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“ [20] battle ensued between the two forces, in which Banks was beaten back into full retreat towards Martinsburg, and probably is broken up into a total rout. Geary, on the Manassas Gp railroad, just now reports that Jackson is now near Front Royal with ten thousand, following up and supporting, as I understand, the force now pursuing Banks; also that another force of ten thousand is near Orleans, following on in the same direction. Stripped bare as we are here, it will be all we can do to prevent them crossing the Potomac at Harper's Ferry or above. We have about 20,000. men of McDowell's force moving back to the vicinity of Front Royal, and Fremont, who was at Franklin, is moving to Harrisonburg. Both of these movements are intended to get in the enemy's rear. One more of McDowell's brigades is ordered through here to Harper's Ferry. The rest of his forces remain for the present at Fredericksburg. We are sending such regiments and dribs from here and Baltimore as we can spare to Harper's Ferry, supplying their places in some sort by calling on the militia from the adjacent States. We also have eighteen cannon on the road to Harper's Ferry, of which arm there is not a single one yet at that point. This is now our situation. If McDowell's force was now beyond our reach, we should be utterly helpless. Apprehensions of something like this, and no unwillingness to sustain you, has always been my reason for withholding McDowell's forces from you. Please understand this, and do the best you can with the forces you have.” 1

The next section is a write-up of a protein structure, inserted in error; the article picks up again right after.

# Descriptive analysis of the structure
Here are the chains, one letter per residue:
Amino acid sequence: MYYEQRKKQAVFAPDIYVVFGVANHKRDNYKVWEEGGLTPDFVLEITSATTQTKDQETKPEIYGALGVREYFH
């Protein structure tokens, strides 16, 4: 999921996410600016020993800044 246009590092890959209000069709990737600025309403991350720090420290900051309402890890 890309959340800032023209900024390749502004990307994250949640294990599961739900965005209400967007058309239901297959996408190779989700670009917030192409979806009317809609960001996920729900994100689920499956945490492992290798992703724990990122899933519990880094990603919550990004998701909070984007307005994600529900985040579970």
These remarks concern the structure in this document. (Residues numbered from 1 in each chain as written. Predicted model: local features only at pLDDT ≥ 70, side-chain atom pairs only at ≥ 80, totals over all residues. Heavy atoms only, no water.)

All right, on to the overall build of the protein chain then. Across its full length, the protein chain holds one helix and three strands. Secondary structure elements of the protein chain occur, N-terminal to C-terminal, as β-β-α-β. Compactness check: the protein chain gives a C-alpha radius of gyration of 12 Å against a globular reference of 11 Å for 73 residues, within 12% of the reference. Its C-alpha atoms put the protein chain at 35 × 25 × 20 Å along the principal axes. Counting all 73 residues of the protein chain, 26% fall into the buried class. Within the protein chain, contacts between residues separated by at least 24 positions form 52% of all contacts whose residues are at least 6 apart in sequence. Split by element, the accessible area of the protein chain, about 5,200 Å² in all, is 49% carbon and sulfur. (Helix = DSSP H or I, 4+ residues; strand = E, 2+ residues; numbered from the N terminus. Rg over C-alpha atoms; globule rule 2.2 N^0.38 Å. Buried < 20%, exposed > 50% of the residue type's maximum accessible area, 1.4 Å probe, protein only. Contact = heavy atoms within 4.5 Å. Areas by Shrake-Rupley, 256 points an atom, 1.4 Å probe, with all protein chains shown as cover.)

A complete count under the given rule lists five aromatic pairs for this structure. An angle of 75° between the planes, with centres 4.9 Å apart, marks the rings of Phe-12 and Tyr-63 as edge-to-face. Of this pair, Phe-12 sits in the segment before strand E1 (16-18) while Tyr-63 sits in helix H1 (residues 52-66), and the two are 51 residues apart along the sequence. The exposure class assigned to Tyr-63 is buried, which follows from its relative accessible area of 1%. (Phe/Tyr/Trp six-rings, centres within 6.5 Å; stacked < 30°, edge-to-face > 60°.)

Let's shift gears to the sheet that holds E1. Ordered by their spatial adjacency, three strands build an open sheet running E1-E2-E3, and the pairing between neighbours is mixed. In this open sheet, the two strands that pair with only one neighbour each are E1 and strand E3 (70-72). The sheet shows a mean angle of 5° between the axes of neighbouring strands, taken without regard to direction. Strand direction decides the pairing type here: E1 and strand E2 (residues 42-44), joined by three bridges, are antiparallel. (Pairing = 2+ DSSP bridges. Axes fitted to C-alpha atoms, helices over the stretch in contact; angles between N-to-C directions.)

The exaggerations of this dispatch show the panic produced. Jackson had no troops at Orleans, or anywhere east of the Blue Ridge (except a little cavalry), and his entire force, which was all with him, was about 16,000 men.2

This dispatch shows, however, that Jackson was for the time not only occupying all the troops in and around Washington, together with Fremont's forces, but was completely neutralizing the 40,000 under McDowell, and thus disconcerting McClellan's plans.

But if the skill, celerity and daring of Jackson are illustrated in his movement against Banks, these qualities shine out far more brilliantly in his retreat from the Potomac and in his battles at Port Republic. He moved to Harper's Ferry on the 28th of May, and spent the 29th in making demonstrations against the force that had been rapidly gathered there, but which was too strongly posted to be attacked in front. Time did not allow a crossing of the river

1 For foregoing dispatches see McDowell's testimony and McClellan's report.

2 Dabney's Life, page 364. Major Dabney was at this time Chief-of-Staff to General Jackson.

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Sunday McDowell (6)
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